Iorio proposes $728-million budget
The spending plan would add $5-million to Tampa's emergency reserve and fund neighborhood improvements.
By JANET ZINK
Published August 3, 2006
TAMPA — Mayor Pam Iorio’s proposed budget for next year would pump $5-million into the city’s emergency reserve in case of a hurricane or other catastrophe, as well as add fire department and parks personnel.
Her proposal to the City Council Thursday on the 2006-07 budget also highlighted police department needs and neighborhood improvements such as sidewalks and street repaving.
After holding steady at $674-million for the past two years, the proposed city budget is $728-million, with no increases in the property tax rate or fees for city services such as garbage collection, water or sewers.
Most of the extra revenue instead comes from loans and $28.7-million increase in property tax collections because of the rising value of real estate.
Iorio’s budget includes funding for nine new fire rescue workers and seven more firefighters, two additional police sergeants in New Tampa and $1-million for furnishings and communication equipment in the District III police station now under construction in East Tampa.
Iorio allocated $6.2-million for neighborhood improvements, a budget item that has increased $3.6-million since she took office in 2003.
“I still think it’s too low,” she said. “When people pay tax dollars, they want to see improvements in their neighborhoods.”
Iorio also touted ongoing drainage improvement projects.
By the end of this fiscal year, Iorio said, the city will break ground on a project designed to alleviate flooding on S Dale Mabry Highway between Henderson Boulevard and Neptune Street.
“It’s probably our worst flooding problem in the city,” she said, noting that it’s on an evacuation route.
The Southwest Florida Regional Water Management District is contributing $8.5-million to that project, and the state is contributing $500,000, she said.
Iorio also pledged to keep upgrades to 40th Street going despite skyrocketing construction costs for roads.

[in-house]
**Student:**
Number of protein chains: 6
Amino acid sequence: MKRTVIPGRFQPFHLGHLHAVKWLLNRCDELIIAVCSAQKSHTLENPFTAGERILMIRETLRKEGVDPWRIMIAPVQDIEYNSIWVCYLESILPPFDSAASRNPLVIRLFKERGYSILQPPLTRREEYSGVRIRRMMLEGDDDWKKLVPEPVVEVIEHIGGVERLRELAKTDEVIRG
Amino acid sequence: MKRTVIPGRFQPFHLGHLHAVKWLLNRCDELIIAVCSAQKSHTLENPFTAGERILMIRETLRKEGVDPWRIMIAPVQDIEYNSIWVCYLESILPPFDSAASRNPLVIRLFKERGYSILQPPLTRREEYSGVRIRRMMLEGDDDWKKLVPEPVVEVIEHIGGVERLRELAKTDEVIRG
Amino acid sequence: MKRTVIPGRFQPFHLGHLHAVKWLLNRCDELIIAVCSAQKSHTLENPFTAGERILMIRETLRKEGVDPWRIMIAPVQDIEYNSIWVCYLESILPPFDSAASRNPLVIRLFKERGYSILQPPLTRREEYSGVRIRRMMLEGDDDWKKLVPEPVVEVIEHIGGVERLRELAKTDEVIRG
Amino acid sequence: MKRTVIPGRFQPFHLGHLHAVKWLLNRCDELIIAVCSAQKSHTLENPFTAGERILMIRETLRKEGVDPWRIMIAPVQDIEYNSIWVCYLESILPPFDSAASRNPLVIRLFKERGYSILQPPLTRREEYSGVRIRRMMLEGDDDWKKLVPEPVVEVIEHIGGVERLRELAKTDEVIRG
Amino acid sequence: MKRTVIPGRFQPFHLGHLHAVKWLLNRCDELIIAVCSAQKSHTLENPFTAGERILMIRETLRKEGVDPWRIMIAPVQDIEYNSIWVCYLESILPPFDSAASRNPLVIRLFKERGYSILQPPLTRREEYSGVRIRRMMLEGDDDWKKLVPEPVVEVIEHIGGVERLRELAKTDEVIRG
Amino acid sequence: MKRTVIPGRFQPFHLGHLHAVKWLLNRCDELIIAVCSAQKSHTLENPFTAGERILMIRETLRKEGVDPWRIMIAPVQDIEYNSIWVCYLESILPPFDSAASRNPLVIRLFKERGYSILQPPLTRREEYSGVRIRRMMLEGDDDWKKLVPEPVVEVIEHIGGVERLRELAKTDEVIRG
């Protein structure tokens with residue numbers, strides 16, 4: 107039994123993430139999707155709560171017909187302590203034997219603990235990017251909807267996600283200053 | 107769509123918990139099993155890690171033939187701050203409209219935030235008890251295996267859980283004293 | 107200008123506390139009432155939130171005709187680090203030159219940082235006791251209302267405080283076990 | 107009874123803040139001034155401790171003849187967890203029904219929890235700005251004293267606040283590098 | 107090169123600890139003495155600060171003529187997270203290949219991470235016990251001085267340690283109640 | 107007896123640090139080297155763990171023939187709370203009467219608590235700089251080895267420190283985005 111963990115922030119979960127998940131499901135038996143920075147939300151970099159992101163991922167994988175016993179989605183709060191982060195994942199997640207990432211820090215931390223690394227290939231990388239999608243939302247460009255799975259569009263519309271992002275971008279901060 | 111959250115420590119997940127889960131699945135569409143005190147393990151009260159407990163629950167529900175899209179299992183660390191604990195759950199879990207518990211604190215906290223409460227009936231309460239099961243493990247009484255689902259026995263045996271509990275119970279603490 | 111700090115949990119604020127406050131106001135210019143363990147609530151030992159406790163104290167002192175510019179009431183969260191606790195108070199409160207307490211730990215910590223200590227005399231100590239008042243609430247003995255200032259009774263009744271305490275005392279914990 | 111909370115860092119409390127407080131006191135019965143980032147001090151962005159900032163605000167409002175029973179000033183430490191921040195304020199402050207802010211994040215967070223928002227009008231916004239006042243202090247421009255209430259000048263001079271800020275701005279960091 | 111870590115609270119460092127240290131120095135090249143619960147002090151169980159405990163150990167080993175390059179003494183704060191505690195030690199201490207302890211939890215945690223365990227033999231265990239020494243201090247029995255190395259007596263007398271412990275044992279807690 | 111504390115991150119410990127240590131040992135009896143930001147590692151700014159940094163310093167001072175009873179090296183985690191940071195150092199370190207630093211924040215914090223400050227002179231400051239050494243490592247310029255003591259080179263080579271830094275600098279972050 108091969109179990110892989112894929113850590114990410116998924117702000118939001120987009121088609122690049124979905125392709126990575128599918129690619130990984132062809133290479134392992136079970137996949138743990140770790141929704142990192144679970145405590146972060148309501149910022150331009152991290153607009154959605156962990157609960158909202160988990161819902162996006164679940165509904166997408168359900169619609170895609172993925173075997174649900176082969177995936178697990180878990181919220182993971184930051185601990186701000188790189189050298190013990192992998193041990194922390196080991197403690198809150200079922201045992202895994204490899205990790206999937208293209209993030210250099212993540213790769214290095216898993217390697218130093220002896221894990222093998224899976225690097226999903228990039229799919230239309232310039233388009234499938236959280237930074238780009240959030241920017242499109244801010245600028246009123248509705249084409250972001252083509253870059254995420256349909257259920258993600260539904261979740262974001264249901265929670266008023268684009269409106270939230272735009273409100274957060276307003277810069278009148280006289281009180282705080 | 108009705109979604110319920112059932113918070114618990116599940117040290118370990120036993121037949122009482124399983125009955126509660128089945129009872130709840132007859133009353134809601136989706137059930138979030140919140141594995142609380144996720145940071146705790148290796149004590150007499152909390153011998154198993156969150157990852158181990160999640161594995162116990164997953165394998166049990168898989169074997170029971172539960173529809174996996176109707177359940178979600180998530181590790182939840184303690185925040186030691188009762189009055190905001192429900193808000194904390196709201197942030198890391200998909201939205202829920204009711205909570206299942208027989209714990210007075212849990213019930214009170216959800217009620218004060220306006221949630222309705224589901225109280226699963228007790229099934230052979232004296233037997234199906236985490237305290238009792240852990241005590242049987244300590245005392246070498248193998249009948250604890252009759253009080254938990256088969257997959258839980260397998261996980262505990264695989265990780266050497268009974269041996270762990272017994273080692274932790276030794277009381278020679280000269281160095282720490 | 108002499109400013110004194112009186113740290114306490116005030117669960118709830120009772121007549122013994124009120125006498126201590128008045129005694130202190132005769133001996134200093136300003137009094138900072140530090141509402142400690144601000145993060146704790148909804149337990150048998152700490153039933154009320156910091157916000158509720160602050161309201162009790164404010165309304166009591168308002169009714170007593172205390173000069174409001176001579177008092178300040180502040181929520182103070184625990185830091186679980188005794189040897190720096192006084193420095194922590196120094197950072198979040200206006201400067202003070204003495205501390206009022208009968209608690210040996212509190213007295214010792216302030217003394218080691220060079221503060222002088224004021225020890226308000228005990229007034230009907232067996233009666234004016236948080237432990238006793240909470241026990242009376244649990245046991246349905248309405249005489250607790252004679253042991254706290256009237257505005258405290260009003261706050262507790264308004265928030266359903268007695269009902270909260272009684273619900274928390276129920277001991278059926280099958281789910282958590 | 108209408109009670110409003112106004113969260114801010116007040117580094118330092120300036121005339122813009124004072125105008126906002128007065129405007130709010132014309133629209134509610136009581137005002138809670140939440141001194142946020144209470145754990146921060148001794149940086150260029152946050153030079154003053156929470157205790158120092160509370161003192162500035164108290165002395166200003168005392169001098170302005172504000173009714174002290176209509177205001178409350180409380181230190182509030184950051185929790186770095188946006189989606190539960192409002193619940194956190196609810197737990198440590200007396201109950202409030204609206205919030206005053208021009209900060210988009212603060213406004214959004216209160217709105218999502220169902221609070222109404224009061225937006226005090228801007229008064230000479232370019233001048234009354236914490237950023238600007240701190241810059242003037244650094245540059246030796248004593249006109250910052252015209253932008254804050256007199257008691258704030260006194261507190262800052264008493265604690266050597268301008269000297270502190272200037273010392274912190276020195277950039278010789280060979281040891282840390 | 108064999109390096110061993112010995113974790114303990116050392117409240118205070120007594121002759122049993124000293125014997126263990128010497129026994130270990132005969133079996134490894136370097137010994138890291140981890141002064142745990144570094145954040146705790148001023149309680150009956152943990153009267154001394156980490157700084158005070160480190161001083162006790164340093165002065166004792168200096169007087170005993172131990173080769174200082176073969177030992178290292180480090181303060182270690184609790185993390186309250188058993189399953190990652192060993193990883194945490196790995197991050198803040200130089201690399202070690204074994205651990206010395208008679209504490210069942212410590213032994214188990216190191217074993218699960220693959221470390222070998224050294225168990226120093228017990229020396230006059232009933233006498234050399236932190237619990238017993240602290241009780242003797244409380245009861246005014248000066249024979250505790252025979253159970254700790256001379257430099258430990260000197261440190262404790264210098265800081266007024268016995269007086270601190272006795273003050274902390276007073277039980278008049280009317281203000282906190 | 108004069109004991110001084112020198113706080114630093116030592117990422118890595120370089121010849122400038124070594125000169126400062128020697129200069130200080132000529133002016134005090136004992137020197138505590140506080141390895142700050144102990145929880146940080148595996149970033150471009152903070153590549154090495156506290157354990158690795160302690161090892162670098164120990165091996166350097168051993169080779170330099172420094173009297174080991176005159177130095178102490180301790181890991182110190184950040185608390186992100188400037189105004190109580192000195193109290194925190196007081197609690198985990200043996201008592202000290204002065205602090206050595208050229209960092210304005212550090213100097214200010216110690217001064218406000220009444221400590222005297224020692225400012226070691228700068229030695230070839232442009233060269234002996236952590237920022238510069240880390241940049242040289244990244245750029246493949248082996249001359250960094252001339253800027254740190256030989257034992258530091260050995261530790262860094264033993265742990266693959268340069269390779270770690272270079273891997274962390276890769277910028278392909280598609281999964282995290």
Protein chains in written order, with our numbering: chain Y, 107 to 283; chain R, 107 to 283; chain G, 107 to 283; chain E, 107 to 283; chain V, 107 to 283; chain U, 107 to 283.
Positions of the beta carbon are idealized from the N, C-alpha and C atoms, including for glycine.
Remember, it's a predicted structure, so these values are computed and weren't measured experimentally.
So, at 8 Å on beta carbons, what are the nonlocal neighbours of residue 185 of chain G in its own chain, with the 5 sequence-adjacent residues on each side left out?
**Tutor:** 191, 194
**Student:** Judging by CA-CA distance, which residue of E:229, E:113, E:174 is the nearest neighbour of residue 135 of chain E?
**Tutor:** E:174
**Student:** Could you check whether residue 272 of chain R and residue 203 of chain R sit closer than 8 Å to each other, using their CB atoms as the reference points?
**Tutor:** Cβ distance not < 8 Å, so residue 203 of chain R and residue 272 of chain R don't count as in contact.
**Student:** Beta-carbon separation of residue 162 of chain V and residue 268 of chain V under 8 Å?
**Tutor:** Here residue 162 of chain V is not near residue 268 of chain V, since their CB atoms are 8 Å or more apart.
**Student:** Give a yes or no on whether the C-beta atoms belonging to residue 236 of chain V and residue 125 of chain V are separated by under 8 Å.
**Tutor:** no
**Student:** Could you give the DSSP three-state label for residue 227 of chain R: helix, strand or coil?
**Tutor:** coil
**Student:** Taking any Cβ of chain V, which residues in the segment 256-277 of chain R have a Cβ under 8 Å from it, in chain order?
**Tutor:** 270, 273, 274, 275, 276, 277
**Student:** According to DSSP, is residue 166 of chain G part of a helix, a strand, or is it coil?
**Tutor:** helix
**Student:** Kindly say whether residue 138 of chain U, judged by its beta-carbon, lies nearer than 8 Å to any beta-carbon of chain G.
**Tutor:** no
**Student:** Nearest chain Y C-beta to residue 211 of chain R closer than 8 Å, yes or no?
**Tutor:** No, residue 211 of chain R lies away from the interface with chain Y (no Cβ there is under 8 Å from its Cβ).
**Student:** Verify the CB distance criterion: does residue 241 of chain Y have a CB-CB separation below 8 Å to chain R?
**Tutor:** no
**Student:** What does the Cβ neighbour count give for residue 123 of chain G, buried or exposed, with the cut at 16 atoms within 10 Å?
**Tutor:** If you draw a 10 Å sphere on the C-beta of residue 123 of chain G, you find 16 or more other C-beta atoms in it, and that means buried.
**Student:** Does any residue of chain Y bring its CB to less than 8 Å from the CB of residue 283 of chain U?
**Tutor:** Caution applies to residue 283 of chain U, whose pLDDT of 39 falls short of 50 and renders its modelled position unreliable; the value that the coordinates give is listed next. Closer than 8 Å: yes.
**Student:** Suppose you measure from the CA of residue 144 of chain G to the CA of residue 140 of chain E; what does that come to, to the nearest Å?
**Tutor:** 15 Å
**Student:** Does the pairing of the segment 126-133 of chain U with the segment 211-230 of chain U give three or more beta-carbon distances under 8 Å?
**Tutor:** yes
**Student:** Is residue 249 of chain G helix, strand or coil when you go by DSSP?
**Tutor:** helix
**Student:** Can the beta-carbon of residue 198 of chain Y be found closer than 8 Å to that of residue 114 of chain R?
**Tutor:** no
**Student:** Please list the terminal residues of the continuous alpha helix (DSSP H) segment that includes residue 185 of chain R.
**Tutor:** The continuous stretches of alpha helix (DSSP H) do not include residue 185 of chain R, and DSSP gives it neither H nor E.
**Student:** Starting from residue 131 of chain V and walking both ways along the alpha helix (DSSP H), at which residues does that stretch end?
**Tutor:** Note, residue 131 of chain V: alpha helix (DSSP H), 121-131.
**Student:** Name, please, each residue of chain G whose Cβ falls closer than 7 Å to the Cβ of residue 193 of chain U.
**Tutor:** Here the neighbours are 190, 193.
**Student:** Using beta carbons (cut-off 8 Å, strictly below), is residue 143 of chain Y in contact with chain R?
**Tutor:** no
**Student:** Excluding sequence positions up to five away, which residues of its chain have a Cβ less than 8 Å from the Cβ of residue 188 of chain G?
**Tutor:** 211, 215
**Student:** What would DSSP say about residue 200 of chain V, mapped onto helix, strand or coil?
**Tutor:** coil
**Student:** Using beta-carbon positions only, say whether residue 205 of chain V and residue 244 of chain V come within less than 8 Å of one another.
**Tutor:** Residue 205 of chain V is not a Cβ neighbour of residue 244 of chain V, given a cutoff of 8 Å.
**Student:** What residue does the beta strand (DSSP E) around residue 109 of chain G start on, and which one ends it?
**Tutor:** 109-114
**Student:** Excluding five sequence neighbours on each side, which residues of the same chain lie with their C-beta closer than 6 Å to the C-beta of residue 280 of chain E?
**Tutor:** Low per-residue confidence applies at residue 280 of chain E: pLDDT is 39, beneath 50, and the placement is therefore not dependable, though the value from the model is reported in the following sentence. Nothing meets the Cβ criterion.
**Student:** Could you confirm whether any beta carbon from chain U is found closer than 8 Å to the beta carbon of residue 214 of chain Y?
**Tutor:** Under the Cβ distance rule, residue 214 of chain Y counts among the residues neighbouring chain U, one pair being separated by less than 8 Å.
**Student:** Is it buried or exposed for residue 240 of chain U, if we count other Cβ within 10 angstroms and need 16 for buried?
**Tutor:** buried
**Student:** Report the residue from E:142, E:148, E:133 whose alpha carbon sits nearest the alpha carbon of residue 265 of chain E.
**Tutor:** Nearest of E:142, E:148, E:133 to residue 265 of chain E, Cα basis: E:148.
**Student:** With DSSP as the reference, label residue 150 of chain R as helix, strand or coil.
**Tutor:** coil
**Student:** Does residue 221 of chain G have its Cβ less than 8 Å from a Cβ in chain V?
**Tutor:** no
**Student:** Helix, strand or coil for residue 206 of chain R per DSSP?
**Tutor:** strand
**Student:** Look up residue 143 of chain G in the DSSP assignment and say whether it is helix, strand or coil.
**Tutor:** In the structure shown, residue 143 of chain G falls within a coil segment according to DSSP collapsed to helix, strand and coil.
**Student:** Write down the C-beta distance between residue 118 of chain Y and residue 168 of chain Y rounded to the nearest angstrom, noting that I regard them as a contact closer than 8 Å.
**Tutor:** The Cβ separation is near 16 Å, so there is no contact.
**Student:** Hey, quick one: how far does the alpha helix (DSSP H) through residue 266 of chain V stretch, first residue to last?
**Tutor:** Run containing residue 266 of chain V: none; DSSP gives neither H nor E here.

The emergency reserve is necessary because the city is paying more for property insurance and getting less coverage, she said. Premiums increased $1-million this year, but coverage was reduced from $500-million to $230-million. Of that, only $30-million covers storm damage.
The value of the city’s properties tops $1.8-billion, she said.
“We are essentially self-insured,” Iorio said.
The mayor established the emergency reserve last year, earmarking $3-million. This year’s allocation takes the fund to $8-million. Her goal is $15-million.
The city also has a general reserve of $8.3-million for other unexpected expenses.
Iorio ended her presentation by talking about future needs.
The Fire Department will need an additional $6-million in the next five years to operate new stations, and the New Tampa gymnastics center, slated to break ground this year, will cost money to staff. The Tampa Police Department also needs a new communications system that is compatible with the Hillsborough Sheriff’s Office. That will cost the city up to $3-million. And future road upgrades on 40th Street, south of Gandy Boulevard and Cross Creek Boulevard will cost millions.
“I bring up these points because it’s all part of the bigger picture,” she said.
Council members generally praised Iorio’s budget.
Shawn Harrison mentioned that during budget hearings he is likely to bring up the possibility of rolling back the city’s property tax rate.
“We ought to be able to give a little bit back,” Harrison said.
But Harrison and other council members praised the increase in emergency reserves and improvements made in their neighborhoods. Council member Linda Saul-Sena called the budget “excellent,” and Mary Alvarez said she was “proud” and “grateful” for Iorio and her staff.
“My colleagues are really pouring it on to you this morning,” remarked Council Chairman Gwen Miller.
Public hearings on the budget are scheduled for Sept. 14 and Sept. 28 at 5 p.m. at City Hall.
Janet Zink can be reached at firstname.lastname@example.org or (813) 226-3401.